10 Ways To Know If Your Child May Have A Learning Disability

One in five school aged children has a learning disability, according to a 2017 study from the National Center for Learning Disabilities. Almost 50% of parents believe children will outgrow their difficulties and an astonishing 33% of educators believe that what is classified as a learning disability is really just “laziness.”

One in five school aged children has a learning disability, according to a 2017 study from the National Center for Learning Disabilities. Almost 50% of parents believe children will outgrow their difficulties and an astonishing 33% of educators believe that what is classified as a learning disability is really just “laziness.”

Here are 10 ways you can identify if your child may have a learning disability – and help you navigate next steps to get your child the assistance they need.

1. Difficulty speaking, reading, and/or writing.  Delayed speech, language and motor development - including poor coordination - can be the initial hint a parent needs to keep an eye out in the future.

2. Not doing as well as they should be academically.  If you feel your child should be doing better in school than they are – this is a telltale sign they need support.

3. Poor reading of words.  Assuming your child has had enough exposure learning to sound out words, if your child still isn’t putting words together fluently by 2nd grade, this is an indicator that something else might be at play.

4. Reading the words on a page but not understanding what they are reading.  If your child can read with ease but doesn’t understand what he/she is reading (i.e. identifying the “main idea” or making inferences) this can be sign of an issue.

5. Difficulty learning math.  Math is simple for some but not for others. This alone does not constitute an issue but is something to look out for in context.

6. Not following directions.  Again, alone this is not indicative of anything but in the context of the other items on the list, it may be an indicator of something else at play.

7. Lack of interest or fear of school.  If your child consistently doesn’t want to go to school, there is always a reason – and it may be academic.

8. Focus and organizational weaknesses. All children lose focus or “tune out” sometimes in school, but when this is recurring, it can be an indicator.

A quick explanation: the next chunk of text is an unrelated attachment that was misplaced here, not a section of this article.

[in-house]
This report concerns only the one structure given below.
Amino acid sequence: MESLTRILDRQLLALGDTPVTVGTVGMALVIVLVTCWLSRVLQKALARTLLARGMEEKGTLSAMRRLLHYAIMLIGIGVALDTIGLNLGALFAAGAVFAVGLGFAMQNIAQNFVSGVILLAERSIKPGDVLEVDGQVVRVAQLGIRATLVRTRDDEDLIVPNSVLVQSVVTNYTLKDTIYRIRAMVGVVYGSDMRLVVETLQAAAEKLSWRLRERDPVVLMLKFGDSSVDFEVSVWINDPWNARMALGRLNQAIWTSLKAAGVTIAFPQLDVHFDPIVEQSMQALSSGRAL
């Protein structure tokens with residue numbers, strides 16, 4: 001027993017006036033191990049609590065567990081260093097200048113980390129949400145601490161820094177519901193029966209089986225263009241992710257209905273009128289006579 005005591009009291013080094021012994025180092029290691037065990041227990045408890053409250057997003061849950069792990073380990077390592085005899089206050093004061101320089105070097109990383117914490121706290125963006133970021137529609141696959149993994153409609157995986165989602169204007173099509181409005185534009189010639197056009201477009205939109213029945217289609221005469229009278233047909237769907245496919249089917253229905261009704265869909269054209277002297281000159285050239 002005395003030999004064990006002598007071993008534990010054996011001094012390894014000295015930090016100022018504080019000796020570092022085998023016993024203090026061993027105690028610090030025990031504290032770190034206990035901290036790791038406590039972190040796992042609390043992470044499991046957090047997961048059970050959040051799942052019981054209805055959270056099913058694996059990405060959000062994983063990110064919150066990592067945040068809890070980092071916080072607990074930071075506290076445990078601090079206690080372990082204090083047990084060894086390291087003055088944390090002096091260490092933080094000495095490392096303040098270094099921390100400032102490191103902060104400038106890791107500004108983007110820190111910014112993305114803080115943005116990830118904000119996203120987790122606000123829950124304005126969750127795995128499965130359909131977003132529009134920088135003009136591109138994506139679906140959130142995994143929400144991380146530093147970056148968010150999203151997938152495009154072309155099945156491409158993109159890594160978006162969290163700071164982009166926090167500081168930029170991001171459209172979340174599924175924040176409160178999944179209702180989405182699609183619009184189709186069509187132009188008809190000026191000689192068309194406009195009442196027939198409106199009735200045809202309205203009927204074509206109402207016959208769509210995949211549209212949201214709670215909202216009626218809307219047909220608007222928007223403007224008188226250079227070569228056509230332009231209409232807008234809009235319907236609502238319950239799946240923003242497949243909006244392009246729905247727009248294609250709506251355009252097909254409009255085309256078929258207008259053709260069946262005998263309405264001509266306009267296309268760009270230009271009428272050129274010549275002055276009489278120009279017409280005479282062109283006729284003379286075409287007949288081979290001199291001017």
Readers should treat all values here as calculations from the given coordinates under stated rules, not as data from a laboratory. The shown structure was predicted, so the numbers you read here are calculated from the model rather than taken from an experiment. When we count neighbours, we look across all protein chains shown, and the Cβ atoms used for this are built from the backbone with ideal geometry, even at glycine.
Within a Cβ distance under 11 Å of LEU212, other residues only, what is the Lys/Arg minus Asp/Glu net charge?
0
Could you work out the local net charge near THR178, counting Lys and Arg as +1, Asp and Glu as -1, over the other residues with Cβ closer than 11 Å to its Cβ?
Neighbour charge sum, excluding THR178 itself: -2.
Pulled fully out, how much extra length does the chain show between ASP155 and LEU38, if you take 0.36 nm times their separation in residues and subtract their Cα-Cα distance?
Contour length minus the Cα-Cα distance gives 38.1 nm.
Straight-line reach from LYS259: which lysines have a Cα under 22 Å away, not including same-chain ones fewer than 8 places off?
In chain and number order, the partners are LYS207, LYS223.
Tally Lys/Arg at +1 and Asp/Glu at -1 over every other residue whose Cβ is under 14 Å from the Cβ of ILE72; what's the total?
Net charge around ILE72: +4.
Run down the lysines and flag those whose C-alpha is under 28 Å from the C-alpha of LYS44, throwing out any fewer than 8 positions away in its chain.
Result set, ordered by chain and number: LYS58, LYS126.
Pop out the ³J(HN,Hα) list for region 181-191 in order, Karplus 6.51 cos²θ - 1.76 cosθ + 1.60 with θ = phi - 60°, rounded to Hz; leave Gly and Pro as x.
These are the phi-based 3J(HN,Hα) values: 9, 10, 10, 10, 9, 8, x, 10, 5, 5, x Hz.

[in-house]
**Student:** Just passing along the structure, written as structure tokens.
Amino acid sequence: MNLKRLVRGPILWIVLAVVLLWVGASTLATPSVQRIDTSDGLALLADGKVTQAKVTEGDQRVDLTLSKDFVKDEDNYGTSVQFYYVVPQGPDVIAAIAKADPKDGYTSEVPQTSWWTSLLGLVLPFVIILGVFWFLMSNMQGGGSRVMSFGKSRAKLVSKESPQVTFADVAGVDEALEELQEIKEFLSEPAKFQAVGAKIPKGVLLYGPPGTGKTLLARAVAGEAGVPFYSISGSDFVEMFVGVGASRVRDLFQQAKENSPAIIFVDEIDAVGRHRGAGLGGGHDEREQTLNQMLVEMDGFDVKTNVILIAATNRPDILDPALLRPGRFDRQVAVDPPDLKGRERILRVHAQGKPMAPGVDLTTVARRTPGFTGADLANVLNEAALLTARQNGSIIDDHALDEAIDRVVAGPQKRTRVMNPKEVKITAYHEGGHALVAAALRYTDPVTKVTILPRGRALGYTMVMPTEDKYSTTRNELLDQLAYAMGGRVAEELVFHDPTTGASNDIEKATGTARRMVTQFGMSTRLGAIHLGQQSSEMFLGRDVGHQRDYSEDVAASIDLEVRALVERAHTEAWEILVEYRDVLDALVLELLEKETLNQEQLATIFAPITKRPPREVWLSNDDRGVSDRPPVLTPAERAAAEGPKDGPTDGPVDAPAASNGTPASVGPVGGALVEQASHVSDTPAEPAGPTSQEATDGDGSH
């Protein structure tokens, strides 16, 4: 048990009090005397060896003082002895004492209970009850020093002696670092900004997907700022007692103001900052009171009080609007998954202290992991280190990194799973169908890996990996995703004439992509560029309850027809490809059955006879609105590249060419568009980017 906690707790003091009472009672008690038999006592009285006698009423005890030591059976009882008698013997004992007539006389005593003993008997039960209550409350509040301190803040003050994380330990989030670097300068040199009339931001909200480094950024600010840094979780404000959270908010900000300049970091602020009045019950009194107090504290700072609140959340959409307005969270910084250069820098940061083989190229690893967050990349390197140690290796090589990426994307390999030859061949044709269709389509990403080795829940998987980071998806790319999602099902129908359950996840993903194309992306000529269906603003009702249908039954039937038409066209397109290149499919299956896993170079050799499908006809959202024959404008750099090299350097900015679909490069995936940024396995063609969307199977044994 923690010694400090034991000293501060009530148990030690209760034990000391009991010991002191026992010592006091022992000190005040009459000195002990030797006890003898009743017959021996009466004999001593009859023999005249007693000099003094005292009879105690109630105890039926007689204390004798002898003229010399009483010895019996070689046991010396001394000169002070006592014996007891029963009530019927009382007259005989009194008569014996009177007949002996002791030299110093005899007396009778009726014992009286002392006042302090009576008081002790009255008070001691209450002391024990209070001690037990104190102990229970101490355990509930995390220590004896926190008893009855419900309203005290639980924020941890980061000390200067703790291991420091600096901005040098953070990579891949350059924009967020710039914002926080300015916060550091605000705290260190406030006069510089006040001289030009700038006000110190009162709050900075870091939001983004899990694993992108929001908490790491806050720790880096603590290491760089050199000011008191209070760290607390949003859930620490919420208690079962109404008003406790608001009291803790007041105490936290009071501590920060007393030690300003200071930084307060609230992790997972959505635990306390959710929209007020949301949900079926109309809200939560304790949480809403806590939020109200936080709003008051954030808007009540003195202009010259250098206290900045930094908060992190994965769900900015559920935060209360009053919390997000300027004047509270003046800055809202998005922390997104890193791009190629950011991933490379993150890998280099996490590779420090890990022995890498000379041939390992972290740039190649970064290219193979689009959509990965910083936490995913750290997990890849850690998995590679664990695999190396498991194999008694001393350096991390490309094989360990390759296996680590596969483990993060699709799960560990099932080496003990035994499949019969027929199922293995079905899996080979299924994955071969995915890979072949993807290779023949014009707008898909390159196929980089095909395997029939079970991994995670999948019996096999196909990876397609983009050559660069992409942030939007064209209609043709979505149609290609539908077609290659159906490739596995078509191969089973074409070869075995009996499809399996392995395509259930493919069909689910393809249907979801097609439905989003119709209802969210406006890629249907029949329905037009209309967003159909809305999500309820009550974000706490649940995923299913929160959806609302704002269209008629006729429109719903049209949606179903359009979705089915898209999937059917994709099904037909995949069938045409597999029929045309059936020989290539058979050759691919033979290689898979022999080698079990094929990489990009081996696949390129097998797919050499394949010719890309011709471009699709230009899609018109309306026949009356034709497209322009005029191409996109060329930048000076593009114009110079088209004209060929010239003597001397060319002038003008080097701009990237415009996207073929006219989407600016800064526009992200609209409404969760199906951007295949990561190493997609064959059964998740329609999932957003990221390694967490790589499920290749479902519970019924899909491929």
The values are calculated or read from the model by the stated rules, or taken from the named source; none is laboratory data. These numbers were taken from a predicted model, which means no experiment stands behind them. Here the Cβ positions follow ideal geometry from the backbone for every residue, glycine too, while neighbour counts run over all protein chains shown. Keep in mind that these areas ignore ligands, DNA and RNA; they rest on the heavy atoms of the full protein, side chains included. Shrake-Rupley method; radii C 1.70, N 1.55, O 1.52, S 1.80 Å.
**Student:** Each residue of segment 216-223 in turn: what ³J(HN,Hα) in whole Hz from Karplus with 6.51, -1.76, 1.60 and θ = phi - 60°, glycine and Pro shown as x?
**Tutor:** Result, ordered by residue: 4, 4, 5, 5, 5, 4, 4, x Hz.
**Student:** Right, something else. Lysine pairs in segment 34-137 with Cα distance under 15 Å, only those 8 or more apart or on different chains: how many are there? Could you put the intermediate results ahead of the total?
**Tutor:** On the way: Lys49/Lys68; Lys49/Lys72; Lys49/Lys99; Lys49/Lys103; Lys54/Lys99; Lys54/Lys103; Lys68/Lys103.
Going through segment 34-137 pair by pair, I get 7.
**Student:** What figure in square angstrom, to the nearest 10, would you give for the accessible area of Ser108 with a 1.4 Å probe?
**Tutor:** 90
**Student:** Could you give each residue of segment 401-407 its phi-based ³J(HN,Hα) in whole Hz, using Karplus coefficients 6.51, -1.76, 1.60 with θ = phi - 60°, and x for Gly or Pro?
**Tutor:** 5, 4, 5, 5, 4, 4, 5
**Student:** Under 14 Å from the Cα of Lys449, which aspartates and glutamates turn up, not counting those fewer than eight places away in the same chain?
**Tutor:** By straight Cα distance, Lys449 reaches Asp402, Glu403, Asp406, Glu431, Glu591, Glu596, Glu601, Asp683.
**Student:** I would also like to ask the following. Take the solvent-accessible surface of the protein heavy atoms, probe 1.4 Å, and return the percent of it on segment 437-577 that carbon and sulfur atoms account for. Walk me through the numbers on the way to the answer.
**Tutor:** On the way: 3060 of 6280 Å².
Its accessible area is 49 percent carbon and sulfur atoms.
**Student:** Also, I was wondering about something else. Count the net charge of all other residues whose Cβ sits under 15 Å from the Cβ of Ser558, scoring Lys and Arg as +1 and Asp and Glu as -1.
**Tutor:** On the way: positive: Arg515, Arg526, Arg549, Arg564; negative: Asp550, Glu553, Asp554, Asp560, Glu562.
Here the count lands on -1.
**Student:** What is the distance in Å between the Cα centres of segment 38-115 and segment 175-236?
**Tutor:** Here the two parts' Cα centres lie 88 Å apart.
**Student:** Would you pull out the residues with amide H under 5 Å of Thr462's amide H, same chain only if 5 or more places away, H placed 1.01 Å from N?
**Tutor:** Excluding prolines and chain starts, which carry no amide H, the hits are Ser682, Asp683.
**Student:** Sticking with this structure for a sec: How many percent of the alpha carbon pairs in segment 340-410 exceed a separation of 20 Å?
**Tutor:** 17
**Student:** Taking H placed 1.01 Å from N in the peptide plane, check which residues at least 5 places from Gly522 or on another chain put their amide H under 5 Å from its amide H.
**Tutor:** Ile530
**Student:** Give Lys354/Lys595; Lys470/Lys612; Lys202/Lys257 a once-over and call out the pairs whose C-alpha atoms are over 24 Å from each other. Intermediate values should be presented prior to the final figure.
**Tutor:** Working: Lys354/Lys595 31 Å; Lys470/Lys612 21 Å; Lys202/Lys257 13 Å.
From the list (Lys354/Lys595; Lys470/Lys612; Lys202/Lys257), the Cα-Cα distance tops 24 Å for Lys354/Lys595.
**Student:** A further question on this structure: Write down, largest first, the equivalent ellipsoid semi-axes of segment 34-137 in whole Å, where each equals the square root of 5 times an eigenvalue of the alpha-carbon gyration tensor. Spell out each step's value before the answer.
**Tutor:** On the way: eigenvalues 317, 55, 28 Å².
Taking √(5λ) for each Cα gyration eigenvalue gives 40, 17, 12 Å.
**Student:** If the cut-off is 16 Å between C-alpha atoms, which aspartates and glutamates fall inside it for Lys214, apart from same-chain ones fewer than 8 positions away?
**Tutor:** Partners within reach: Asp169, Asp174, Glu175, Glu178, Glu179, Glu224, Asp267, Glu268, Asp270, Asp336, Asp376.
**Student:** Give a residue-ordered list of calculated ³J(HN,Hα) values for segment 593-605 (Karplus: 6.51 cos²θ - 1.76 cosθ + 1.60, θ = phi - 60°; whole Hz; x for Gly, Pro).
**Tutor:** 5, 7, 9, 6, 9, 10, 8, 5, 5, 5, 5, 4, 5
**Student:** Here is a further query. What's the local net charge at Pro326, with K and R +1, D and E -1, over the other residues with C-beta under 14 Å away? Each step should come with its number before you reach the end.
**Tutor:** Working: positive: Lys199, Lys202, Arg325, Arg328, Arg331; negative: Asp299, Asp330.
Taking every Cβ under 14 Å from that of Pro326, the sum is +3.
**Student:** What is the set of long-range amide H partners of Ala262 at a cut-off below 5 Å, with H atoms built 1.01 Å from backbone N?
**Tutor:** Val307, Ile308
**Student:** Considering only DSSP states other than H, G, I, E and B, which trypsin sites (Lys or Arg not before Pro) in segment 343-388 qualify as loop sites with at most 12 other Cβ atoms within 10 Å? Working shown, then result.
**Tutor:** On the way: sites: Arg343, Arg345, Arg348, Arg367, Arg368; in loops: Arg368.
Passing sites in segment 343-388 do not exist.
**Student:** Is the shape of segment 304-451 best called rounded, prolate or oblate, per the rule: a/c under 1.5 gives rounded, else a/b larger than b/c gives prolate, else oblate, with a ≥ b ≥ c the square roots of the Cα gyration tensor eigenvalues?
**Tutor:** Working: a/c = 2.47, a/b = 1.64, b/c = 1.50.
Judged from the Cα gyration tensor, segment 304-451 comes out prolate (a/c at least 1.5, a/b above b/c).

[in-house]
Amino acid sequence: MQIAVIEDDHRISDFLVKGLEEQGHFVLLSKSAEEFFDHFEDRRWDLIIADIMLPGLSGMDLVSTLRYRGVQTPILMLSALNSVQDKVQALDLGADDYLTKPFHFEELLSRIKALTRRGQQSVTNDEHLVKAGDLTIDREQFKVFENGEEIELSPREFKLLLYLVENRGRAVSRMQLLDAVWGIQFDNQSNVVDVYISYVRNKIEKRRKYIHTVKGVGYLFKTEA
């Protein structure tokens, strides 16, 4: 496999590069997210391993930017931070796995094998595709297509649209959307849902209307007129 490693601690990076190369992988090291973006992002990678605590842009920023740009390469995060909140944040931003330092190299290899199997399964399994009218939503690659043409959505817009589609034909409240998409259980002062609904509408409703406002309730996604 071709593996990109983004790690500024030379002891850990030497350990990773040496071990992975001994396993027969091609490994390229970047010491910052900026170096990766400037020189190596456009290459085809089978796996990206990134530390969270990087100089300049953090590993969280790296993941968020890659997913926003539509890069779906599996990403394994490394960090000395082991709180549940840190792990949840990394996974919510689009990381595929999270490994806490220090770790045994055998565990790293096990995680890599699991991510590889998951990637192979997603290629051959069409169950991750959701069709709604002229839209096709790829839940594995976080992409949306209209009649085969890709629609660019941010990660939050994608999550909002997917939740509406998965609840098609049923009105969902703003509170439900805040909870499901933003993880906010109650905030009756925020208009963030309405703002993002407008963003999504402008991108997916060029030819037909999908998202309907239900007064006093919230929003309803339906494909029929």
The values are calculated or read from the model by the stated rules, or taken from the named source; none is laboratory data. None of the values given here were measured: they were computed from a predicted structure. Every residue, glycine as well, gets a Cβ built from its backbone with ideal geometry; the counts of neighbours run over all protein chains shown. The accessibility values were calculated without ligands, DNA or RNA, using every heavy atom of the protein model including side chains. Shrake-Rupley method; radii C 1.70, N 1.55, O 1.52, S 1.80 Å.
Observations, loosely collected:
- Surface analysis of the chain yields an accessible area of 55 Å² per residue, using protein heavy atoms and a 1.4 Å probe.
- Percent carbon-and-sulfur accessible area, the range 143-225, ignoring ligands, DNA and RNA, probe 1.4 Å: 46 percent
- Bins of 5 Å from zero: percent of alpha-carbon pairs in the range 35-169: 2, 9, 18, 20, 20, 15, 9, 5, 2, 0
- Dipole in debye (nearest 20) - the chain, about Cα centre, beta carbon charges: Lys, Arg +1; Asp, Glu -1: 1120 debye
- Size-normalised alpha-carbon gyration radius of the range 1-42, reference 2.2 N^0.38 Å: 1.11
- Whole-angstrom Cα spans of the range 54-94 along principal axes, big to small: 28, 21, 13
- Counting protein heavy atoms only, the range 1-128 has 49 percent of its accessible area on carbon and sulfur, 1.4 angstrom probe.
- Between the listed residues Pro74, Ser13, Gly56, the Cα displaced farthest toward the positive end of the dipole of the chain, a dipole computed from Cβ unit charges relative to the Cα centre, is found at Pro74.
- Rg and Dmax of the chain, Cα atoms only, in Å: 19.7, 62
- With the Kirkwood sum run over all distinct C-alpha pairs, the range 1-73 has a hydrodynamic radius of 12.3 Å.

9. Poor coordination.  Delayed coordination skills may negatively impact handwriting. If your child is putting forth the effort and not progressing, this is something to pay attention to.

10. Recall and memory deficits.  Poor memory and recall can have a devastating impact on a child’s performance in school. For example, a teacher just read a story and has a discussion on the topic, then quizzes the students. Those with poor memory / recall are at loss.

If you think that your child is exhibiting a number of these issues, do not lose heart. There is help and it’s never too late to get your child on track.  I am available for private evaluations, for more information please contact me either by phone 732.780.5060 or email LDTC2@aol.com

ABOUT THE AUTHOR

Elizabeth Molinari DeFusco has been in practice for almost 40 years and has worked with hospitals, legal teams, schools, and Child Study Teams in the Tri-State area both as a Speech Pathologist and an Educational Consultant. As a graduate of Columbia University, she went on to study at Georgian Court University where she received her credentials as a Learning Disability Teacher Consultant. Mrs. DeFusco, known by her students as “Mrs. Bette” also holds certifications in Elementary Education as well as Teacher of the Deaf and Hard of Hearing. She is board certified by the American Speech and Language Association and holds a New Jersey license.

Mrs. DeFusco or “Mrs. Bette” has been an educator since 1977 with an exemplary background in treating and caring for children and young adults with minor to severe learning issues. With her unique educational background, Mrs. DeFusco specializes in a variety of speech and language disabilities such as apraxia as well as dyslexia, reading comprehension, and auditory processing issues. She uses evidence-based techniques and cutting-edge technology programs to supply an individualized program for your child

As the founder of The DeFusco Center for Dynamic Learning,  a regional learning center in Central New Jersey, Mrs. Bette has made it her mission to help children with all levels of learning disabilities grow to their fullest potential.  Read more about our success stories by clicking here.